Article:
About This 1908 Famous Alfred Rosenheim Mansion In Los Angeles California
One of the most important estates ever built in Los Angeles: The Alfred Rosenheim Mansion ca. 1908. Steeped in history, this 6 bedroom, 6 bath home was declared “Historical and Cultural Landmark #660”. Boasting 6 stunning Batchelder tile fireplaces, Tiffany stained and leaded glass, Italian brickwork, Peruvian Mahogany paneling, a cathedral ballroom that was once a chapel with 56′ ceilings, a huge basement, and a world class recording studio.
Alfred Rosenheim was a German-American architect who built the mansion. Rosenheim built the house in 1902 and lived in it with his family shortly thereafter. The Alfred Rosenheim Mansion was situated near an area called “Billionaire Row”, close to California’s wealthiest families. Rosenheim himself was notable not just for architectural design, but he also designed nine roller-coasters.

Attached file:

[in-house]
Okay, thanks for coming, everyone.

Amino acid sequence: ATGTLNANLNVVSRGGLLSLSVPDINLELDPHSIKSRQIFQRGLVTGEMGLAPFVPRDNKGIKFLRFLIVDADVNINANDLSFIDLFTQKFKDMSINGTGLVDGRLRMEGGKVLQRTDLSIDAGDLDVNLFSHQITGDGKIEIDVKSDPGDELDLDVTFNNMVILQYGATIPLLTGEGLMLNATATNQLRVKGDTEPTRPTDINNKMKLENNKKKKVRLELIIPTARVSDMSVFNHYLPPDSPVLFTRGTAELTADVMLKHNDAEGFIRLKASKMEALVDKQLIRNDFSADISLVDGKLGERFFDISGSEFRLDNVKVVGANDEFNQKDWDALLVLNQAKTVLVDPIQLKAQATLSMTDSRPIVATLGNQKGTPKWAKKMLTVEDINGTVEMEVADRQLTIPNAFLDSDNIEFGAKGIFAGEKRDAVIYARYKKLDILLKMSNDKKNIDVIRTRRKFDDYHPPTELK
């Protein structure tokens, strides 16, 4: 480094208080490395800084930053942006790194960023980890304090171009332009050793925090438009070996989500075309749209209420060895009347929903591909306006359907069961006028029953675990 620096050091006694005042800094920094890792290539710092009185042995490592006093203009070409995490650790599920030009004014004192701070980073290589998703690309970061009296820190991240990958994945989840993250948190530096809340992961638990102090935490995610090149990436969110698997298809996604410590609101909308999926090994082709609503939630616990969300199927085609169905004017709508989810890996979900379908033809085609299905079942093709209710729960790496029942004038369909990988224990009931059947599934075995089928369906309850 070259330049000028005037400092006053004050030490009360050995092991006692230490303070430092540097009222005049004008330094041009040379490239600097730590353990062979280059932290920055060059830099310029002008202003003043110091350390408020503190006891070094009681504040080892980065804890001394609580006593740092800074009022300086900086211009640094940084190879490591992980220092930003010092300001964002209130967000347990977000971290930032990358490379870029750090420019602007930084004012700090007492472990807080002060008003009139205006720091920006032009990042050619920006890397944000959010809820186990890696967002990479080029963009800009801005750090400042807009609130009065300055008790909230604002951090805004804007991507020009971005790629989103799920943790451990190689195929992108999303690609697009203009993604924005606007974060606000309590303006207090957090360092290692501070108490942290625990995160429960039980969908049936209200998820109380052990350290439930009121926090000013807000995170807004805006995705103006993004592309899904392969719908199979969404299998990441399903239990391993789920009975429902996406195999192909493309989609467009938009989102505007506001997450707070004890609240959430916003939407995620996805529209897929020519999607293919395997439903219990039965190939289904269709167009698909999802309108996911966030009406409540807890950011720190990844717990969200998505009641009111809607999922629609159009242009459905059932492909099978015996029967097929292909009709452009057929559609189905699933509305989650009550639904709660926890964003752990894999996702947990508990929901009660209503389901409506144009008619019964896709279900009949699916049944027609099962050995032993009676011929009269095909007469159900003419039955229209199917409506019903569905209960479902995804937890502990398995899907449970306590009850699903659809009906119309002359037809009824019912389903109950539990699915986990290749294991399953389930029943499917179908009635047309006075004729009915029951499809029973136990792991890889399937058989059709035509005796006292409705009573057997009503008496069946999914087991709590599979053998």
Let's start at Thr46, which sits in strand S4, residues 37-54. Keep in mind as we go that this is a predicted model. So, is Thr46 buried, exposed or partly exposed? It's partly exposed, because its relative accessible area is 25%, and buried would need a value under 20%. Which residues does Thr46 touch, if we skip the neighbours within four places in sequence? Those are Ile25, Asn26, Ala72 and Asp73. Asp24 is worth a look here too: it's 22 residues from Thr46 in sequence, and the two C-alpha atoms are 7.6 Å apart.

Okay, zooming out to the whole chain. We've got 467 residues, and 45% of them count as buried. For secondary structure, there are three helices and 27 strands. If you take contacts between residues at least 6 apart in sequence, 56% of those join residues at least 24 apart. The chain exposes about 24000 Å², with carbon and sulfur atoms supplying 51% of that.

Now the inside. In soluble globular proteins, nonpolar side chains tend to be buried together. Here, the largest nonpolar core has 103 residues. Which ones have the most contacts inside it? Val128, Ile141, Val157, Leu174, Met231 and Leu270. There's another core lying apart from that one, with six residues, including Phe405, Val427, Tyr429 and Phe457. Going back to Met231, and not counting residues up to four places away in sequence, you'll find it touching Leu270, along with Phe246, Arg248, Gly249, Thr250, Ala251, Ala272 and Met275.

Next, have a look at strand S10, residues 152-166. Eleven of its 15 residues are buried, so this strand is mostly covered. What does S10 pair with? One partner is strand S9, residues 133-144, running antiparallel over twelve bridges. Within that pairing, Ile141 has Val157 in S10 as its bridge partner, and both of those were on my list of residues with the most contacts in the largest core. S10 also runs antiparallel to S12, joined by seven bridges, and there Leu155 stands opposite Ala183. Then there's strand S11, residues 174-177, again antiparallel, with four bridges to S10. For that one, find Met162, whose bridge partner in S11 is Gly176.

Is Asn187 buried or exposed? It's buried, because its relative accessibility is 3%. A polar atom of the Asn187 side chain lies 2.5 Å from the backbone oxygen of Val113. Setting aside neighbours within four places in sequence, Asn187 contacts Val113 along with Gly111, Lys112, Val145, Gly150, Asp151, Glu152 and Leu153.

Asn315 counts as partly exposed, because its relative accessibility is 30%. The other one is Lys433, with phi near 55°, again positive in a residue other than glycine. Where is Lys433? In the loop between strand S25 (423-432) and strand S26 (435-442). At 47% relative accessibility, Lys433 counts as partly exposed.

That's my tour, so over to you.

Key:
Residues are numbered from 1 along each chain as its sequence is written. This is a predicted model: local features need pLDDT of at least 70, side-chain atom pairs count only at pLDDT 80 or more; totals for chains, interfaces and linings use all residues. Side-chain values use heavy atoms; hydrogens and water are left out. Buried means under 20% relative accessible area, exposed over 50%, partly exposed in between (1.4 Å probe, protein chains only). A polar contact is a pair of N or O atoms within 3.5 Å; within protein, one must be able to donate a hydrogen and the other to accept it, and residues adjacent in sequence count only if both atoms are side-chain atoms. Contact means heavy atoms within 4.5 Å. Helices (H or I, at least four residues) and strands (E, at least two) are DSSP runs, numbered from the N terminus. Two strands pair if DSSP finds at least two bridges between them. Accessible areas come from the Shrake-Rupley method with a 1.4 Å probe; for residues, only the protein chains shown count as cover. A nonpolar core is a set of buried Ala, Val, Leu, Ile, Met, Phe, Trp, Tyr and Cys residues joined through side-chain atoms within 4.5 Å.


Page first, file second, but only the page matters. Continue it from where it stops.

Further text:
The Rosenheims lived in the house for eleven years and sold it to California’s wealthiest man, a “colorful mining magnate” named A.J. McQuatters. Then, in the early 1930s actor Edward Everett Horton lived in the mansion. After him the Catholic Order of Nuns, the Sisters of Social Service used the house as a convent, and even added a chapel to the grounds. In 1994 an earthquake damaged the house and the nuns put it on the market for a cool $3 million. The house was declared an Historic and Cultural Landmark in 1999.
The home was used in a series of films and television shows such as American Horror Story Season 1, Spiderman, Seabiscuit, The X-Files, The Twilight Zone, Six Feet Under, Bones, Dexter, and Buffy the Vampire Slayer (it was the frat house in the episode “Fear, Itself”, where Buffy and the gang got locked in on Halloween).